BY PAMELA FOOHEY
Performance by an Actor in a Leading Role
George Clooney – Michael Clayton
Daniel Day-Lewis – There Will Be Blood
Johnny Depp – Sweeney Todd: The Demon Barber of Fleet Street
Tommy Lee Jones – In the Valley of Elah
Viggo Mortensen – Eastern Promises
Johnny Depp deserved the Golden Globe he recently won for his portrayal of Sweeney Todd and, while I would like to say that he seems unlikely to face much competition this Sunday, many would point to Daniel Day-Lewis as the likely winner. Besides Day-Lewis, whose Daniel Plainview rivals Sweeney Todd in unwavering evilness, Depp’s biggest threat is George Clooney, who brought intrigue and depth (and a tiny bit of evilness) to Michael Clayton. Nevertheless, I hope that Sweeney Todd’s bloodletting comes out on top.
Performance by an Actress in a Leading Role
Cate Blanchett – Elizabeth: The Golden Age
Julie Christie – Away from Her
Marion Cotillard – La Vie en Rose
Laura Linney – The Savages
Ellen Page – Juno
Ellen Page deserves to win for her portrayal of Juno just as much as Johnny Depp deserves to win for his portrayal of Sweeney Todd. Juno owes most of its success to Ellen Page, who proves she is a great actress. But Page faces serious competition from Julie Christie, an accomplished actresses whose status as a legend (Doctor Zhivago, Bonnie and Clyde), combined with her remarkable performance as an elderly woman dealing with Alzheimer’s most likely will deliver the Oscar to her.
Performance by an Actor in a Supporting Role
Casey Affleck – The Assassination of Jesse James by the Coward Robert Ford
Javier Bardem – No Country for Old Men
Philip Seymour Hoffman – Charlie Wilson’s War
Hal Holbrook – Into the Wild
Tom Wilkinson – Michael Clayton
I want to pick Javier Bardem simply because I enjoyed No Country for Old Men and his character in novel form so much. Luckily, he appears to be the clear leader. Brandishing a weapon traditionally used to slaughter cattle and an outlandish haircut, Bardem embodies the lawless west Pulitzer Prize-winning author Cormac McCarthy is famous for. Though the entire cast of No Country for Old Men is superb, Bardem really stands apart in his ability to haunt viewers long after the film has ended. I expect Oscar voters were similarly haunted.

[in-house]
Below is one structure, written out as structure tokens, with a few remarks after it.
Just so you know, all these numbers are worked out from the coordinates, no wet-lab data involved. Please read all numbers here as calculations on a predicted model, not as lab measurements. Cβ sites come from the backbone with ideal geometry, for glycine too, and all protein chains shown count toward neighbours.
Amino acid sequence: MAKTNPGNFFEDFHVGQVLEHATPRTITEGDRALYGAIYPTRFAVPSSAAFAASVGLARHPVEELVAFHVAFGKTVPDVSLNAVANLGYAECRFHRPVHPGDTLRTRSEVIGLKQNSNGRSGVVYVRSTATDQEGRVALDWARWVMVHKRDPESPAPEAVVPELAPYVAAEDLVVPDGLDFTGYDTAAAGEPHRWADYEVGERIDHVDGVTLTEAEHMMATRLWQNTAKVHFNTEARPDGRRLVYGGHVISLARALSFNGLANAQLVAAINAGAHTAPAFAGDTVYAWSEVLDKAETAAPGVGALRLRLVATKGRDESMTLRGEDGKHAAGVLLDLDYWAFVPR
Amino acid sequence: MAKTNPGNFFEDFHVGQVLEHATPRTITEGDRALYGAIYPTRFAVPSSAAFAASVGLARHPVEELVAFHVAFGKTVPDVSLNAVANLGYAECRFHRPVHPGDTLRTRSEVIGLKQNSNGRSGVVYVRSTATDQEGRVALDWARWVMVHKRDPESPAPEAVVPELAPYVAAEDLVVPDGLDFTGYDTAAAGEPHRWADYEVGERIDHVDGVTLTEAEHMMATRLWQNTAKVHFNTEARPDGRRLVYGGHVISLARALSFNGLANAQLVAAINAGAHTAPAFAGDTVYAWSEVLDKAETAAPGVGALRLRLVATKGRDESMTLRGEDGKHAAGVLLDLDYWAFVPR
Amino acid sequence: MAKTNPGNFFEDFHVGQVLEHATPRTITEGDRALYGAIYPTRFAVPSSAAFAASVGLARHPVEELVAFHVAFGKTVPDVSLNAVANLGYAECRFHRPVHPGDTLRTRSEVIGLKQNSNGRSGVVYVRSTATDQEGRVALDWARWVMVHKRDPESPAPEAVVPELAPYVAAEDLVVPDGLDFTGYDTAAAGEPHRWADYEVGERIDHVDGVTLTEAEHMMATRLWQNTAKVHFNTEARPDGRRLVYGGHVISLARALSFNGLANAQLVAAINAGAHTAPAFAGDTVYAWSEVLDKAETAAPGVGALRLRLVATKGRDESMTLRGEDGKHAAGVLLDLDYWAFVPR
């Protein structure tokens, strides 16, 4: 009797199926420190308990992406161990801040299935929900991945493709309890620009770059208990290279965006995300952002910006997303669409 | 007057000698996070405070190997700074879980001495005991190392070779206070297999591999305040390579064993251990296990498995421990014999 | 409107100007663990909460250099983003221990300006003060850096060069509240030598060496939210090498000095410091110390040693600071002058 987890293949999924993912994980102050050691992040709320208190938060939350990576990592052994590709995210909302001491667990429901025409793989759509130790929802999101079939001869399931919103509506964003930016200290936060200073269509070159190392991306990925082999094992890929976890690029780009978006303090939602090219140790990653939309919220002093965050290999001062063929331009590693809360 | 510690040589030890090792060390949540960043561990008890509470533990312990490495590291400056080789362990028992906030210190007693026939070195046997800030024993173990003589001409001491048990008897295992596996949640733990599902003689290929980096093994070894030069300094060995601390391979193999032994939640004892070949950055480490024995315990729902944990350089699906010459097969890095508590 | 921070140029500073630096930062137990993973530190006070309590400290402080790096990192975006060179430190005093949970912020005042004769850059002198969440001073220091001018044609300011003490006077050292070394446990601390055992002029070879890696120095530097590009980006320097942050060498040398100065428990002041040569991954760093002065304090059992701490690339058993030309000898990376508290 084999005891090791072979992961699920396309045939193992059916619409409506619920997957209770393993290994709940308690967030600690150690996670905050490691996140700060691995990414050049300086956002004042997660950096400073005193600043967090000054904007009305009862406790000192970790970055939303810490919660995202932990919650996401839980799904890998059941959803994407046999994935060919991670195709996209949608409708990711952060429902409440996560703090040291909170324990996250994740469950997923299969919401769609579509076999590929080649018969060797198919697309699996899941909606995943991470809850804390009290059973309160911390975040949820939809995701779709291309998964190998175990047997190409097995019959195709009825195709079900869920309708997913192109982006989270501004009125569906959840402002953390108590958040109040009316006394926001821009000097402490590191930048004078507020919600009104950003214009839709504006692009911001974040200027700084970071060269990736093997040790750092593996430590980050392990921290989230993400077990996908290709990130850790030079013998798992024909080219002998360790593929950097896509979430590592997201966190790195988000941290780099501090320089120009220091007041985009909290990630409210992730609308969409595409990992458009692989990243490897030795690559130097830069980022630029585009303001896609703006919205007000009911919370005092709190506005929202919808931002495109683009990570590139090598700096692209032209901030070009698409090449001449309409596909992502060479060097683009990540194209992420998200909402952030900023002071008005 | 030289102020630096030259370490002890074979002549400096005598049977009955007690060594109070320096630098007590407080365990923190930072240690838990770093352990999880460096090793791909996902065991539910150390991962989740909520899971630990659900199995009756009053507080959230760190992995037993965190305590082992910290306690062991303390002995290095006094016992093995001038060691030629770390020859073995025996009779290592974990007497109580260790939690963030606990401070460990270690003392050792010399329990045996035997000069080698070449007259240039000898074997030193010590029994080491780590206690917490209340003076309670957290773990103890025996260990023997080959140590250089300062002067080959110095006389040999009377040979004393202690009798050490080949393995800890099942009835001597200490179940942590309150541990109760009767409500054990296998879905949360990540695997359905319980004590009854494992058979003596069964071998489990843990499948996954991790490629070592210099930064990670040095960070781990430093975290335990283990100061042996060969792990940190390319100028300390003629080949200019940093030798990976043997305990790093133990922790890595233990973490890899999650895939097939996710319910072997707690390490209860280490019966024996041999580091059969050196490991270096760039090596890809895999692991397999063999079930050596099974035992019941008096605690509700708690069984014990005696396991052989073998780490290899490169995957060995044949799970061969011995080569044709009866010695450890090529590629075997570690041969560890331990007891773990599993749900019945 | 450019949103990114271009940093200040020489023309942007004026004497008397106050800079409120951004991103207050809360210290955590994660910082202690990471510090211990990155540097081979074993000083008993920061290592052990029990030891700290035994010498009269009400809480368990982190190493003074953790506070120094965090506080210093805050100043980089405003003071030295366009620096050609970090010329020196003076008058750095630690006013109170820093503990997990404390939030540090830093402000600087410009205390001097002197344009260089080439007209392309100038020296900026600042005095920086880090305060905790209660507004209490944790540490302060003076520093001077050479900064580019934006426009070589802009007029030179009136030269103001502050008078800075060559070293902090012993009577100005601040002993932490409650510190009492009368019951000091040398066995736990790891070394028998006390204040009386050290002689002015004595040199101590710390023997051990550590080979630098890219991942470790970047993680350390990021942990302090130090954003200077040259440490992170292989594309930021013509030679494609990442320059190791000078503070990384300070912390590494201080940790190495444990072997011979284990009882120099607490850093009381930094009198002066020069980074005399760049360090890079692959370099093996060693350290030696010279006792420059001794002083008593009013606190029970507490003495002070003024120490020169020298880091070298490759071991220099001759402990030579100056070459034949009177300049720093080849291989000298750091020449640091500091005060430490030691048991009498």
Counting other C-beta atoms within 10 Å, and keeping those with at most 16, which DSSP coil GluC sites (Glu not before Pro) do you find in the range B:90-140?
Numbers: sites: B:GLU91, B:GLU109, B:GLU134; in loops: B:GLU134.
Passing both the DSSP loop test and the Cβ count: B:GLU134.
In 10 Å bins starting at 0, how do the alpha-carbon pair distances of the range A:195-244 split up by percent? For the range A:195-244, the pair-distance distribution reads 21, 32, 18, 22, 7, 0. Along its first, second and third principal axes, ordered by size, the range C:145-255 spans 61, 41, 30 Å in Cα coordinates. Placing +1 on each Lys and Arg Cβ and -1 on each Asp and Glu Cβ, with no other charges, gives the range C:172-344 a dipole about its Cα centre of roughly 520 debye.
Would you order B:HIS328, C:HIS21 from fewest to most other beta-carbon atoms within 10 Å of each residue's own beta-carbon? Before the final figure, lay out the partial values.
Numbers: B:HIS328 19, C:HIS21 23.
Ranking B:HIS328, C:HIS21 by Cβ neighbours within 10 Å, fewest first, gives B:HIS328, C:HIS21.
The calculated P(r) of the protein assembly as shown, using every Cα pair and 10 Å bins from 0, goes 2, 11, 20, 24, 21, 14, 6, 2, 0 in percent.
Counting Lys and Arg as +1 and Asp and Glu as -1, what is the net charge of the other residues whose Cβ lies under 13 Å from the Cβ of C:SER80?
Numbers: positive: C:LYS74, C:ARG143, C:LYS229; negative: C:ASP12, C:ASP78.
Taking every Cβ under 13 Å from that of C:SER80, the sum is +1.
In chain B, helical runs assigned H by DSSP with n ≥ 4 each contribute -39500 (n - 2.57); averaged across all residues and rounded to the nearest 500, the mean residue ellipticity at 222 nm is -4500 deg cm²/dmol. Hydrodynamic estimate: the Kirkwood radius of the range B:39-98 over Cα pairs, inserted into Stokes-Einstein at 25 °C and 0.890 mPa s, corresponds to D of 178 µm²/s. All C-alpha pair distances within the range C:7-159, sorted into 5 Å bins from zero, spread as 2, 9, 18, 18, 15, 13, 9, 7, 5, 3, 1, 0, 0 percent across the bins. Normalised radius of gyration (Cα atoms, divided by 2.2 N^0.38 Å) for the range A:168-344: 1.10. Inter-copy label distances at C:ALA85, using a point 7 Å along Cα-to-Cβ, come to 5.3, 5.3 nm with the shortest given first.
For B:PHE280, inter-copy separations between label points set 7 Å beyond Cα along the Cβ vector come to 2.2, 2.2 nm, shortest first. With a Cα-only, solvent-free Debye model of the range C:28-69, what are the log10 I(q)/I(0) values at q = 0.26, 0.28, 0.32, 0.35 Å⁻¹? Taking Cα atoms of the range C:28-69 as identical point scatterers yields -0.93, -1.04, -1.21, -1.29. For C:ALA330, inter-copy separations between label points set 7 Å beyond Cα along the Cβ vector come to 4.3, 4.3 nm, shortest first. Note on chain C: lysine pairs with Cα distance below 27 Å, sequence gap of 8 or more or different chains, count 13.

Performance by an Actress in a Supporting Role
Cate Blanchett – I’m Not There
Ruby Dee – American Gangster
Saoirse Ronan – Atonement
Amy Ryan – Gone Baby Gone
Tilda Swinton – Michael Clayton
Although looking at Cate Blanchett dressed up as Bob Dylan immediately makes one wonder how she could not win for best actress in a supporting role, Tilda Swinton and Amy Ryan could potentially steal her best supporting actress Oscar. Even so, given the Oscar’s affinity for actresses portraying characters that aren’t like them (Charlize Theron in Monster, Hilary Swank in Boys Don’t Cry), such an upset is unlikely.
Best Animated Feature Film of the Year
No matter how good Persepolis may have been, Ratatouille definitely has this one locked in. Ratatouille proved that Disney rarely (if ever) gets it wrong. Ratatouille was heart-warming, charming, hilarious, and meaningful. Remy has the potential to become one of the most memorable animated characters of all time. The rat’s a winner.
Best Motion Picture of the Year
No Country for Old Men
There Will Be Blood
I still think Sweeney Todd deserved to be nominated for best picture of the year (and to win while we’re at it). However, choosing from what was actually nominated, No Country for Old Men seems to be the natural selection. Yet, Michael Clayton and Juno both have the potential to upset No Country for Old Men. Like Erin Brockovich and Seabiscuit from years prior, these two films have garnered lasting attention throughout their runs, especially Michael Clayton. I wouldn’t be surprised if one of them rallied enough to steal the Oscar from the powerful and frightening No Country for Old Men. It’s just a question of whether the thwarter will be depressing (Michael Clayton) or uplifting (Juno). But even if No Country for Old Men doesn’t leave with the best picture Oscar, the Coen brothers can rest assured that they will go home with the best adapted screenplay Oscar or the best director Oscar, and most likely both.
The Oscars air live this Sunday, February 24th at 8pm on ABC.